Withings Activité - Building A Watch, Then Making it Smart

The new Withings Activité smart watch is beautiful, unlike many of the other entrants to the market.

The first thing that stands out to me is how clearly different the approach to creating this product must have been. If you take Samsung, LG, or even Pebble (I'll talk about Motorola in a moment) it is pretty obvious they started with a list of features and built the watch around it. Withings has undoubtedly started with a simple and timeless watch design and added intelligence to it. These two approaches are worlds apart.


The Activité gets 1 year of battery life. Pebble et al. gets 3-7 days. The Activité could be worn on a first date (this is Bradley Chambers' rule of thumb for smart watch design, and I love it), the others... not so much. On the flip side, the Activité doesn't have the wide range of features found in the competition, but a feature checklist is never a good design guide for something like this.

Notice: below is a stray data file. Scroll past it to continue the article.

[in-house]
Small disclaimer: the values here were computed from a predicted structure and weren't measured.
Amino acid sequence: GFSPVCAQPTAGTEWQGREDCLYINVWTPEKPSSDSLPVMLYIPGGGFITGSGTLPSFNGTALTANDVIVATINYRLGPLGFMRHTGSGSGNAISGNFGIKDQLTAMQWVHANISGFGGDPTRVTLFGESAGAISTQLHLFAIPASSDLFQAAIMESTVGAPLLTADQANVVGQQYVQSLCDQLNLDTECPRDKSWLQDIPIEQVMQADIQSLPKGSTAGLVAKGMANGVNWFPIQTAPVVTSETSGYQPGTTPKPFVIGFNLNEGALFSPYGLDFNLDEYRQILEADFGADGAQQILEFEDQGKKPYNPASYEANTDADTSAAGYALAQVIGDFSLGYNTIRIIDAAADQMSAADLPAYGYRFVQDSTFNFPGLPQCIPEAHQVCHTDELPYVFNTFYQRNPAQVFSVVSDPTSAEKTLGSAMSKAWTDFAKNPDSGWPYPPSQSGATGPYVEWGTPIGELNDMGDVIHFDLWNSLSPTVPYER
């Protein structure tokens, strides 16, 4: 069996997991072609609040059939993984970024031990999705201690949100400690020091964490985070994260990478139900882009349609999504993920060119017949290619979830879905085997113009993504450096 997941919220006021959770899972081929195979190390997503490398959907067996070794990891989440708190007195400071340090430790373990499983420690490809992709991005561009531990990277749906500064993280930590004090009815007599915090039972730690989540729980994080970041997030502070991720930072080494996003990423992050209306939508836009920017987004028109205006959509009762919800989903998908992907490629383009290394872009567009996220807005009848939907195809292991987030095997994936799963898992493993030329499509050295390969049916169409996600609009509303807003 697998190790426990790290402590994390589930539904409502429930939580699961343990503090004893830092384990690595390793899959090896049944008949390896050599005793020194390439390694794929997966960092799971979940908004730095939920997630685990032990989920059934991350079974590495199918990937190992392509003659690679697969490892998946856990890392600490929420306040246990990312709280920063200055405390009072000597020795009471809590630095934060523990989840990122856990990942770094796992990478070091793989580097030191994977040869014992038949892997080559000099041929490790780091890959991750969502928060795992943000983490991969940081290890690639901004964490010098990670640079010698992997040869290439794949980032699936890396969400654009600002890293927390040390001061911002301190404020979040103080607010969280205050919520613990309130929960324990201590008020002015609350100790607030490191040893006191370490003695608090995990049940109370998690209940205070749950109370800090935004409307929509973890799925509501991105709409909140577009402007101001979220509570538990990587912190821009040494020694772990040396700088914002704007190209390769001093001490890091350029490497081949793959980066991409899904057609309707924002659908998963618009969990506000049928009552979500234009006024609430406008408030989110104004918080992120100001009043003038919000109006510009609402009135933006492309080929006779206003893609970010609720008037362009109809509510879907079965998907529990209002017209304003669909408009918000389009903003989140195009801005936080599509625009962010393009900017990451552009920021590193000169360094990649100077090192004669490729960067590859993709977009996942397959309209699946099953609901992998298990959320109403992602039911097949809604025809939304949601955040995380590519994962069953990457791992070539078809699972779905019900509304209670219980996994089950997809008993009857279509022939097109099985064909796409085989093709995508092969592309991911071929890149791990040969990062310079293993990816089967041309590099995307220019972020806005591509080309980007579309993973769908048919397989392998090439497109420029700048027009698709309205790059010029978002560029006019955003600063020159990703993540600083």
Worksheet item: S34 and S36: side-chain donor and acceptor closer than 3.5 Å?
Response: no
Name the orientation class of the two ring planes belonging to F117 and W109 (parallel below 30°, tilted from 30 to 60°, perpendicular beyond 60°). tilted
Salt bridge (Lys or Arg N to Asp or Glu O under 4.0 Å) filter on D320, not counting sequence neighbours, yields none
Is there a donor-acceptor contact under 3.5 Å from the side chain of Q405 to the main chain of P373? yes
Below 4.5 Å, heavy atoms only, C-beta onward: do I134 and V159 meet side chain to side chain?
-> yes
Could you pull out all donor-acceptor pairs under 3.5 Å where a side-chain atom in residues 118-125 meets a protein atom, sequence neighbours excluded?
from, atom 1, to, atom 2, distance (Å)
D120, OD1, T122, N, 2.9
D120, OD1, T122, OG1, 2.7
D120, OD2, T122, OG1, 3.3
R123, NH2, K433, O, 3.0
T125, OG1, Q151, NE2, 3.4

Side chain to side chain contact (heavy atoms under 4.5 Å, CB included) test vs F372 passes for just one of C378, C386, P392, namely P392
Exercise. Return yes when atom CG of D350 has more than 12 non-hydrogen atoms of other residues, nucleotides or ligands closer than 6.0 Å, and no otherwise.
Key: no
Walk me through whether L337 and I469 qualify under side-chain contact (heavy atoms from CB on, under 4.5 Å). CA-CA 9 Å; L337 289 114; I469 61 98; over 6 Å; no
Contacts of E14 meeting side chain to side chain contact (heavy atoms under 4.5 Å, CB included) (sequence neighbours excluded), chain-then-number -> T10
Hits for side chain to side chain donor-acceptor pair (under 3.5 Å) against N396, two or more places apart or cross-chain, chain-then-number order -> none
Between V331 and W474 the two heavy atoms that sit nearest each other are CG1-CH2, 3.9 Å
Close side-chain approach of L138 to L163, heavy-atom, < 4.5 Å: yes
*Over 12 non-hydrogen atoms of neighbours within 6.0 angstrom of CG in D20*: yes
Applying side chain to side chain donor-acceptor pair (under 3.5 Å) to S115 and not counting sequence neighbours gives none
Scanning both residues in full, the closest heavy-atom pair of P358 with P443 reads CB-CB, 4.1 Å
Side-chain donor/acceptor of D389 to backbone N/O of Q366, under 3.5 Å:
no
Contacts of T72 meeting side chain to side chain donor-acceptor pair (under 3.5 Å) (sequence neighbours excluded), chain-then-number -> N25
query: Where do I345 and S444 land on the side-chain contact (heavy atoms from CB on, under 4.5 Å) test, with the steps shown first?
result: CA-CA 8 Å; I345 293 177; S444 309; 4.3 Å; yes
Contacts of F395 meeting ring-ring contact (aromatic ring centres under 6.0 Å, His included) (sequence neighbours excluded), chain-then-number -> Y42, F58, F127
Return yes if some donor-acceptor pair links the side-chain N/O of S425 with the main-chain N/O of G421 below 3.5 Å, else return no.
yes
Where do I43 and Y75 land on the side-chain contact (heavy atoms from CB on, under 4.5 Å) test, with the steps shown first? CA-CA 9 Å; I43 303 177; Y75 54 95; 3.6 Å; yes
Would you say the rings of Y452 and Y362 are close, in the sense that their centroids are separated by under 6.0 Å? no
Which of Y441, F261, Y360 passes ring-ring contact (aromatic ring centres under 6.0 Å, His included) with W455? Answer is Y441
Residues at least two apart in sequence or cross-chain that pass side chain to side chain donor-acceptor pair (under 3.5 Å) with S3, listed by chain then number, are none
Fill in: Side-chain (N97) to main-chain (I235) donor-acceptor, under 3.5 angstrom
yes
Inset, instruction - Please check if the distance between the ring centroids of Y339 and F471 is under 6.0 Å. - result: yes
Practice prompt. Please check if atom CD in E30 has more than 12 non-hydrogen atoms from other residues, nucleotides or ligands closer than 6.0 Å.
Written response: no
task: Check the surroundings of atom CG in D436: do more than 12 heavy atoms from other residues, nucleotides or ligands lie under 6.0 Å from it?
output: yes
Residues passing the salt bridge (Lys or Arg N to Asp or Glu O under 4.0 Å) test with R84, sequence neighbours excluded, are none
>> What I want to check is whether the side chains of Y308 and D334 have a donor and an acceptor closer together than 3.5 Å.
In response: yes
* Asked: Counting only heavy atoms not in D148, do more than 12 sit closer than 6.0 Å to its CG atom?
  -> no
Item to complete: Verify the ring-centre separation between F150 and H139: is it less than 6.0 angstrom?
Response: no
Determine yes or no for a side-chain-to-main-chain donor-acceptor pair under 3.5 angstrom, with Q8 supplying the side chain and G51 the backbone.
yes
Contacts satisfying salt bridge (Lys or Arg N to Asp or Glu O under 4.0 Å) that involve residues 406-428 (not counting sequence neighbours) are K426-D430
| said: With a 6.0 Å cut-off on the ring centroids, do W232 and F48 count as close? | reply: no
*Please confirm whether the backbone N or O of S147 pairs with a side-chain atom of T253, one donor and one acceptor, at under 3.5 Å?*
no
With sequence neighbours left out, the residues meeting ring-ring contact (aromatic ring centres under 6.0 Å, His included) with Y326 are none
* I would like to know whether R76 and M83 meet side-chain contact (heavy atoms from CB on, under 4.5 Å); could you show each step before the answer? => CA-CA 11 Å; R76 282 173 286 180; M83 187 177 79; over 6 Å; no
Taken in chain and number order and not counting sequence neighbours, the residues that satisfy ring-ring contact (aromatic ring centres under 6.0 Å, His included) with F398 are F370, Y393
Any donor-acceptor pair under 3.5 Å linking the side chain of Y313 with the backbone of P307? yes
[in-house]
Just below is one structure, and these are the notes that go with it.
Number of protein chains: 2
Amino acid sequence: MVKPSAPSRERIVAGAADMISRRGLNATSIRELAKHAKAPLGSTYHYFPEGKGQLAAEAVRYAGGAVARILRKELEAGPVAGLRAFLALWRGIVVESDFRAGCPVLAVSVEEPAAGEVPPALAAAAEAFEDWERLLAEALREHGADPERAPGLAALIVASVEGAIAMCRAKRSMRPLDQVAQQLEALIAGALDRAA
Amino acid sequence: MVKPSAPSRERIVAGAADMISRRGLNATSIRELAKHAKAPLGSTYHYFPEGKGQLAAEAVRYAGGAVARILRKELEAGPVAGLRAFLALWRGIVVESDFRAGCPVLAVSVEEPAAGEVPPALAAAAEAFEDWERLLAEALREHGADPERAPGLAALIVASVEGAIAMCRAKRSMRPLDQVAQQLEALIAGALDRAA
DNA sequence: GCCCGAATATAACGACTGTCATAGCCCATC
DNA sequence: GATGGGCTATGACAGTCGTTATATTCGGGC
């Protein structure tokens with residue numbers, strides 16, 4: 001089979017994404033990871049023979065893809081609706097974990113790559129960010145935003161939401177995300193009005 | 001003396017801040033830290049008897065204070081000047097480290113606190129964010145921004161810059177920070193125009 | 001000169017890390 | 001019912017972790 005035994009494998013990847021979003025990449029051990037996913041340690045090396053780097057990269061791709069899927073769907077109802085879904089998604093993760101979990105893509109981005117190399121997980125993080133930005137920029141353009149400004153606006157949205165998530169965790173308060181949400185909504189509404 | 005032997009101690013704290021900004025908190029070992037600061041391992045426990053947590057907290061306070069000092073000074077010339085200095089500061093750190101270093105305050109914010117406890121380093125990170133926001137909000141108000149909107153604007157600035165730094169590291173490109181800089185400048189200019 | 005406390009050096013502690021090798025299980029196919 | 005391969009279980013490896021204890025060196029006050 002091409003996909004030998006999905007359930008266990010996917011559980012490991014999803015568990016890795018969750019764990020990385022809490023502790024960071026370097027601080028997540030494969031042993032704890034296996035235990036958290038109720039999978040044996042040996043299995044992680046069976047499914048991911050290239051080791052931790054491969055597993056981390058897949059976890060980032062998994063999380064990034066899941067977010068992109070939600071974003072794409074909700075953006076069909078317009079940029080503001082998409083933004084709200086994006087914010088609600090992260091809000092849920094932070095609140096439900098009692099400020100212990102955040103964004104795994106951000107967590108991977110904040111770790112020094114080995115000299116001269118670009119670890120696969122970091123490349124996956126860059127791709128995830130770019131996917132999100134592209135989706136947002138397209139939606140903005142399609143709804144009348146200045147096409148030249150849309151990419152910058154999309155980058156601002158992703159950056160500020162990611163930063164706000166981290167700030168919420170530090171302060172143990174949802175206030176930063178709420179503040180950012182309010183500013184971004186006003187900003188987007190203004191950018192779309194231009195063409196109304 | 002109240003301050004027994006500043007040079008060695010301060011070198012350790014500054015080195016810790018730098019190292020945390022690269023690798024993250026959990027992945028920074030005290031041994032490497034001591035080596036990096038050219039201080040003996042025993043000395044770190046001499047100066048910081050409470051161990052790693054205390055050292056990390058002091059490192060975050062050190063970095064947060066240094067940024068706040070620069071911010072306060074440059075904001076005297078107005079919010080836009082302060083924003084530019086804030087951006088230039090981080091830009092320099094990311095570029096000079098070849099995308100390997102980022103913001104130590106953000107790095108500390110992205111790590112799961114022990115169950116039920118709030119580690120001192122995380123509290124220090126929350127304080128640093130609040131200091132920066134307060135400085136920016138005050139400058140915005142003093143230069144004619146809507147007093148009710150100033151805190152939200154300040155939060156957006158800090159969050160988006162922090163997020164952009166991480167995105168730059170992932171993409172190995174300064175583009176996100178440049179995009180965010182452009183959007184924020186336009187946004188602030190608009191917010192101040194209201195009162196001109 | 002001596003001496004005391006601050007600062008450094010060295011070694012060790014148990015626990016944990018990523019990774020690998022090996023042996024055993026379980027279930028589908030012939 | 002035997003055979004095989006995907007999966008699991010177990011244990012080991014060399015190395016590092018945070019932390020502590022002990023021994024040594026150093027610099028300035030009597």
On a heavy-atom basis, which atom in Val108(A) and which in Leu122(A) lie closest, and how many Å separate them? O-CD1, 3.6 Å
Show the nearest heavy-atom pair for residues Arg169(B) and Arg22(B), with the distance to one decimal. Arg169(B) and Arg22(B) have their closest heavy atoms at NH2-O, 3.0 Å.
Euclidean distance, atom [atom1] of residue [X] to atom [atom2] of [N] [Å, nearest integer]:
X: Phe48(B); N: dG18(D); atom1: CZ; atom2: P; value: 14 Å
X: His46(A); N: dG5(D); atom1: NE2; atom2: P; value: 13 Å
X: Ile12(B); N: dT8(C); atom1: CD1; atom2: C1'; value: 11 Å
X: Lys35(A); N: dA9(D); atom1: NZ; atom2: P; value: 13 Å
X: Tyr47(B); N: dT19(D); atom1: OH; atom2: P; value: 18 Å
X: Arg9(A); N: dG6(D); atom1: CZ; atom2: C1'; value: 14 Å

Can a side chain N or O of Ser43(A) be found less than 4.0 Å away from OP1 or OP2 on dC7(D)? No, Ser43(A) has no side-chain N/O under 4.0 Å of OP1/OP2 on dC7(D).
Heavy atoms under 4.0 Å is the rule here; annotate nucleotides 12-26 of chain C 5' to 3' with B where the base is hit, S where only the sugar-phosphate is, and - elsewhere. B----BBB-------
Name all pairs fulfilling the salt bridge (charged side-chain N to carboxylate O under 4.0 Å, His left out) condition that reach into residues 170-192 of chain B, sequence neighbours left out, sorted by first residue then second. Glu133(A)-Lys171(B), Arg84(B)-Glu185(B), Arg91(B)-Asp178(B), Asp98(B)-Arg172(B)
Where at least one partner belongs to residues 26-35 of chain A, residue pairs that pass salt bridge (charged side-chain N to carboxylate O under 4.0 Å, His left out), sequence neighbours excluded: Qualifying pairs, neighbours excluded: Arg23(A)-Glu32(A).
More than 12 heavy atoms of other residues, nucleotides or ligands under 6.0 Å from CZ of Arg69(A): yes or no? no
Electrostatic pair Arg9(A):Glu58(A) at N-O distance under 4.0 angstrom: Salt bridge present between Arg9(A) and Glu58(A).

I have stopped wearing my Pebble because it was bulky and unattractive as a time piece. I think time and unit sales will confirm this, but an elegant complement to the smartphone that people already love is vastly more appealing than a miniature smartphone strapped to the wrist. The biggest problem here is the price ($390), but that'll come down over time; not to mention people that are able will happily pay for high quality and beautiful products that appeal to them.

The Moto 360 looks to be an attempted hybrid between looks and features. I think Motorola is on the right track, but the watch is still quite thick, it is decidedly masculine, and the battery life isn't quite where we'd like to see it (even if it doesn't last a year). 

The looming question surrounding smart watches is "what problem do they solve?" With the Withings Activité looking like an elegant and classic timepiece, that question might be demoted in importance just enough to kick start the wearables movement beyond the early adopter market. By starting with design instead of features, Withings has shown a light on what might become a mass market product category. I wouldn't bet my lunch money on it, but there is very little doubt that it is a step in the right direction.

Some Things Cannot Be Faked (Hint: Samsung)